Martine Richard, the sister-in-law of Intergovernmental Affairs Minister Dominic LeBlanc, has stepped down as interim Conflict of Interest and Ethics Commissioner one day after a Commons committee voted to investigate her appointment.
Ms. Richard was appointed to the interim post last month by Prime Minister Justin Trudeau’s cabinet. Her presence in the role was controversial because of her relationship with Mr. LeBlanc.
Opposition parties said her closeness to a cabinet minister made her a poor choice for a job that involves holding the government to account for ethical violations. But the government defended the choice, noting that she had worked in the commissioner’s office for a decade, most recently as senior general counsel.
The commissioner’s office announced her departure Wednesday in a statement that offered no specific reason for her decision to leave. Her interim appointment was originally for a six-month period.
The statement said she would remain as senior general counsel for the office – a position she held from 2015, two years after she joined the office, until she assumed the top job in March.
Her appointment followed the February retirement of Mario Dion, who had been the ethics commissioner since 2018.
The commissioner is responsible for administering the federal Conflict of Interest Act, and for helping elected and appointed officials avoid conflicts between their public duties and private interests.
On Tuesday, members of the Commons committee on access to information, privacy and ethics voted to call Ms. Richard, Mr. LeBlanc and other witnesses to testify as part of a study into Ms. Richard’s appointment.
The motion to launch the study was introduced by Conservative MP Michael Barrett. He proposed that it consist of a minimum of three hearings, and that its findings be reported to the House of Commons.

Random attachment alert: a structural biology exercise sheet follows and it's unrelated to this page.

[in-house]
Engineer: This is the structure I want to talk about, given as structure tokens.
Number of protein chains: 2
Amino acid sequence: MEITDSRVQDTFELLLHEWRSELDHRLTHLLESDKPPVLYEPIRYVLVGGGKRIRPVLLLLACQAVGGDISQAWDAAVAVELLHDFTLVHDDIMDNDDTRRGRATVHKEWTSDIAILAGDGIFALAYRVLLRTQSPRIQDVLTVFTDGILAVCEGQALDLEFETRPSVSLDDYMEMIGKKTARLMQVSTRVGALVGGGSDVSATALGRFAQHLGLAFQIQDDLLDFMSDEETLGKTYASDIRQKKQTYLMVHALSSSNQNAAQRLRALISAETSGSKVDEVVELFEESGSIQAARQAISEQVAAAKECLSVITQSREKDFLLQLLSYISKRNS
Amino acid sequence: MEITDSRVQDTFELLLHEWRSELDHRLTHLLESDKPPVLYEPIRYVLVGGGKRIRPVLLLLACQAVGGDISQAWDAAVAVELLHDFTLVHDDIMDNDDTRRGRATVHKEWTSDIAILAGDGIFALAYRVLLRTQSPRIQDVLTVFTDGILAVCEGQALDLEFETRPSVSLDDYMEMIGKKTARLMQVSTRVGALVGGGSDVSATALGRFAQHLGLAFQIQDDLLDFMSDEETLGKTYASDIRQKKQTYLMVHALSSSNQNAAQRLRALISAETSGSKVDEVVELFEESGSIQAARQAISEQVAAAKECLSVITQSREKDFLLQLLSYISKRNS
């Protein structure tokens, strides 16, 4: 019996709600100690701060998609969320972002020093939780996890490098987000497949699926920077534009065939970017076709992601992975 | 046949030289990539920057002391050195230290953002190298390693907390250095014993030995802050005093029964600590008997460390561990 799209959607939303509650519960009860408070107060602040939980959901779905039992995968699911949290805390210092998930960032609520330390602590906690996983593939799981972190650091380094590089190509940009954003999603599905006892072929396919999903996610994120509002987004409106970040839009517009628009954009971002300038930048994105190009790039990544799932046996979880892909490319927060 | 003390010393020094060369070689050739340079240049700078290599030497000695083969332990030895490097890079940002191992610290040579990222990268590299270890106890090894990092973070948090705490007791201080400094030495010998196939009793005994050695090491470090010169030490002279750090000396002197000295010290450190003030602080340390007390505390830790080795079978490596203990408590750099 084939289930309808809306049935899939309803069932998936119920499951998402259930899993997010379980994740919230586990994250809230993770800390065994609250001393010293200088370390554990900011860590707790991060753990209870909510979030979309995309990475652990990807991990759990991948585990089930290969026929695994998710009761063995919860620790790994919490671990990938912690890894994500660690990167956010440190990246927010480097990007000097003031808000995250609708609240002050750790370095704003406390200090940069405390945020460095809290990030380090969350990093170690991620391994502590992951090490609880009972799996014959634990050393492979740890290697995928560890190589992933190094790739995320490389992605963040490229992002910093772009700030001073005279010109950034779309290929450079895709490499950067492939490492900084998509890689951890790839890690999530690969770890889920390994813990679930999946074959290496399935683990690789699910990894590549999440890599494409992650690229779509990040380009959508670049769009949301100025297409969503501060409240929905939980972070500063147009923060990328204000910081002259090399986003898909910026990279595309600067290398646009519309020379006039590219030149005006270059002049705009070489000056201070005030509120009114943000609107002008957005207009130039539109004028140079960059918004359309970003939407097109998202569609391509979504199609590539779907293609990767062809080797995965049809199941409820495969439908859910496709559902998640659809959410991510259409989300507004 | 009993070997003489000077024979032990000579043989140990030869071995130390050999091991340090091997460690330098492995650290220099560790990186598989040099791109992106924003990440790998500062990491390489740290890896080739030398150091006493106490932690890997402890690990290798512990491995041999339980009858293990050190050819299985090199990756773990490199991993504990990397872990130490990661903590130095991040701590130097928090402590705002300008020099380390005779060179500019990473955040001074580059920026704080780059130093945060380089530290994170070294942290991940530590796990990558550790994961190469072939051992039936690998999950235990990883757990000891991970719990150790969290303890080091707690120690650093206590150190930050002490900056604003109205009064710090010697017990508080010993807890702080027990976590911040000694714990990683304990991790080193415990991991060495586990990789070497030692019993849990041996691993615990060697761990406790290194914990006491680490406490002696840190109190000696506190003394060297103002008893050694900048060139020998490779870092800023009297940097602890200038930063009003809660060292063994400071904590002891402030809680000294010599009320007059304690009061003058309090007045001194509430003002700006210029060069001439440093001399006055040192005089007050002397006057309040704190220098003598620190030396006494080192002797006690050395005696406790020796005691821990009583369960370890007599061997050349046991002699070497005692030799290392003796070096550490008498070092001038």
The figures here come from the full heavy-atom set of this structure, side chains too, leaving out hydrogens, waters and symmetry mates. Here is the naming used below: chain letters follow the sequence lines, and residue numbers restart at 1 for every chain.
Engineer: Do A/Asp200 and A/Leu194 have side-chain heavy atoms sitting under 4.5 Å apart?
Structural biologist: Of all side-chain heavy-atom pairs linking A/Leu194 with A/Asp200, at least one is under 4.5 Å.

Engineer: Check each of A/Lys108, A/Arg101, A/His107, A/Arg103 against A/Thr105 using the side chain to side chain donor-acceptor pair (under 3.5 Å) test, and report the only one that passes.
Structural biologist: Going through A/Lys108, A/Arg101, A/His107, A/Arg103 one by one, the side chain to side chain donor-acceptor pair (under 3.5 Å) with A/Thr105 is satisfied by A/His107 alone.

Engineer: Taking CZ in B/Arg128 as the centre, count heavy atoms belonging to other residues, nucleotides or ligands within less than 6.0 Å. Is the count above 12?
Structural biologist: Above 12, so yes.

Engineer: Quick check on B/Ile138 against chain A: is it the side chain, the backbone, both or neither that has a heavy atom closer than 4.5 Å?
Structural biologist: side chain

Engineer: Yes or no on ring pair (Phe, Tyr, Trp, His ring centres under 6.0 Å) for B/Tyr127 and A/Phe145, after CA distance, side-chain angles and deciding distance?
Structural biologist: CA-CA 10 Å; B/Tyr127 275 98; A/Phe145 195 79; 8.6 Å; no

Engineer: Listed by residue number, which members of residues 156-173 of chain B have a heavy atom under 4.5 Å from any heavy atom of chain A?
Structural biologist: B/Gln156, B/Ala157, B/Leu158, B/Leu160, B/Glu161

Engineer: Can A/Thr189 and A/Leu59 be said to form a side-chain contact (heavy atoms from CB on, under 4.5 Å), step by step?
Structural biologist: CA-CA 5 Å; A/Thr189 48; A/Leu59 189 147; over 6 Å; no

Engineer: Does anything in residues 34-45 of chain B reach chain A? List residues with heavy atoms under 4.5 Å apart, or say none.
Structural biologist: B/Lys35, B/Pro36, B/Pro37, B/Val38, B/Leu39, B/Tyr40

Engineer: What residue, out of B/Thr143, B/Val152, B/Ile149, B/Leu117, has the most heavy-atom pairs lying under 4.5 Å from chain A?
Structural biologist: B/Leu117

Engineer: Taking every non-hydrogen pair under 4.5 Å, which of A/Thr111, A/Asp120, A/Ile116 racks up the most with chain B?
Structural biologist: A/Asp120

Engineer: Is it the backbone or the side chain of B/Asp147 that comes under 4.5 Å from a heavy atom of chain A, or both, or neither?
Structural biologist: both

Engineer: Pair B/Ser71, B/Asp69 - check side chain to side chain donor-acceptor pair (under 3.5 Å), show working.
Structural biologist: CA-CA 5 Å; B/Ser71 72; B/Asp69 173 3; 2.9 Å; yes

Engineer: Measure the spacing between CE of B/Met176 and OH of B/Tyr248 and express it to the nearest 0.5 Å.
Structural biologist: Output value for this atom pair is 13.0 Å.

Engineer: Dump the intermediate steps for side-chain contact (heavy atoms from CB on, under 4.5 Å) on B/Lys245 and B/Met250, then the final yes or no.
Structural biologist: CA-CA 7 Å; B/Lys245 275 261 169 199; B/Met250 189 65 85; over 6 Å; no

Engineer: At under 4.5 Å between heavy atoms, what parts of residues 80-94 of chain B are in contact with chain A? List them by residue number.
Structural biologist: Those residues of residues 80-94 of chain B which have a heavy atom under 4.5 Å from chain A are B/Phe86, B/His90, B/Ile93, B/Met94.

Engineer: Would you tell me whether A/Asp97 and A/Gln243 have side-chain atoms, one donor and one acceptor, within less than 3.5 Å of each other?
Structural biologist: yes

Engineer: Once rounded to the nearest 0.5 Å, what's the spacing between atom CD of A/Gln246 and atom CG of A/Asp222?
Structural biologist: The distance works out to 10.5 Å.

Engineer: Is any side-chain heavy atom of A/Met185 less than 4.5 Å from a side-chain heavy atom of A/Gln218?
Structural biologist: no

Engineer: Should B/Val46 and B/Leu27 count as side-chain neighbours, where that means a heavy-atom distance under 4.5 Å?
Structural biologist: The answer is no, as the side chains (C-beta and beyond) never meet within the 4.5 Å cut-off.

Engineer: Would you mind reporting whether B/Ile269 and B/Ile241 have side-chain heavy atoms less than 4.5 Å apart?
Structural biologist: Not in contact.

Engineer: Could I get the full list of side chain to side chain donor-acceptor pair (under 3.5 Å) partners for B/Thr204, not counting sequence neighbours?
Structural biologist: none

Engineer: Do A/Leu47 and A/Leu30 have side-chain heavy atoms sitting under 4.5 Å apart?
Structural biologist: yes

Liberals voted against the motion. Opposition members voted for it. The immediate result was a five-five tie. The chair, Conservative MP John Brassard, broke the tie by voting for the motion.
After the disclosure of Ms. Richard’s appointment last month, Mr. Barrett raised questions about the government’s decision to give her the position.
“When are these Liberals going to take their responsibilities seriously, and appoint someone who’s independent and can restore accountability?” Mr. Barrett asked in Question Period on March 30. The NDP was also critical of her appointment.
Government House Leader Mark Holland told The Globe and Mail in an interview on March 30 that he understood why there were questions about Ms. Richard’s appointment, but that he expected she would serve the office, as she had in previous years.
Wednesday’s statement from the commissioner’s office said Ms. Richard’s departure will prevent the office from functioning normally.
“With her exit, there are decisions the Office cannot proceed with based upon functions that only the Commissioner can undertake, as outlined in the Conflict of Interest Act and the Conflict of Interest Code for Members of the House of Commons,” the statement said, without elaborating. It said the commissioner’s office, as well as Ms. Richard, would not respond to further questions on the subject of her departure.
The statement added that the government had launched an effort to find a permanent commissioner on March 28.
Jean-Sébastien Comeau, Mr. LeBlanc’s press secretary, said the minister would not be commenting on Wednesday’s announcement.
In a tweet on Wednesday, the retired Mr. Dion said that he did not expect a permanent commissioner to be appointed until late in 2023. He said, in the same tweet, that he would not be granting interviews until a permanent commissioner was appointed.
Mr. LeBlanc has been found in contravention of ethics laws during his time as a cabinet minister. And Mr. Trudeau has twice breached the Conflict of Interest Act since becoming Prime Minister in 2015.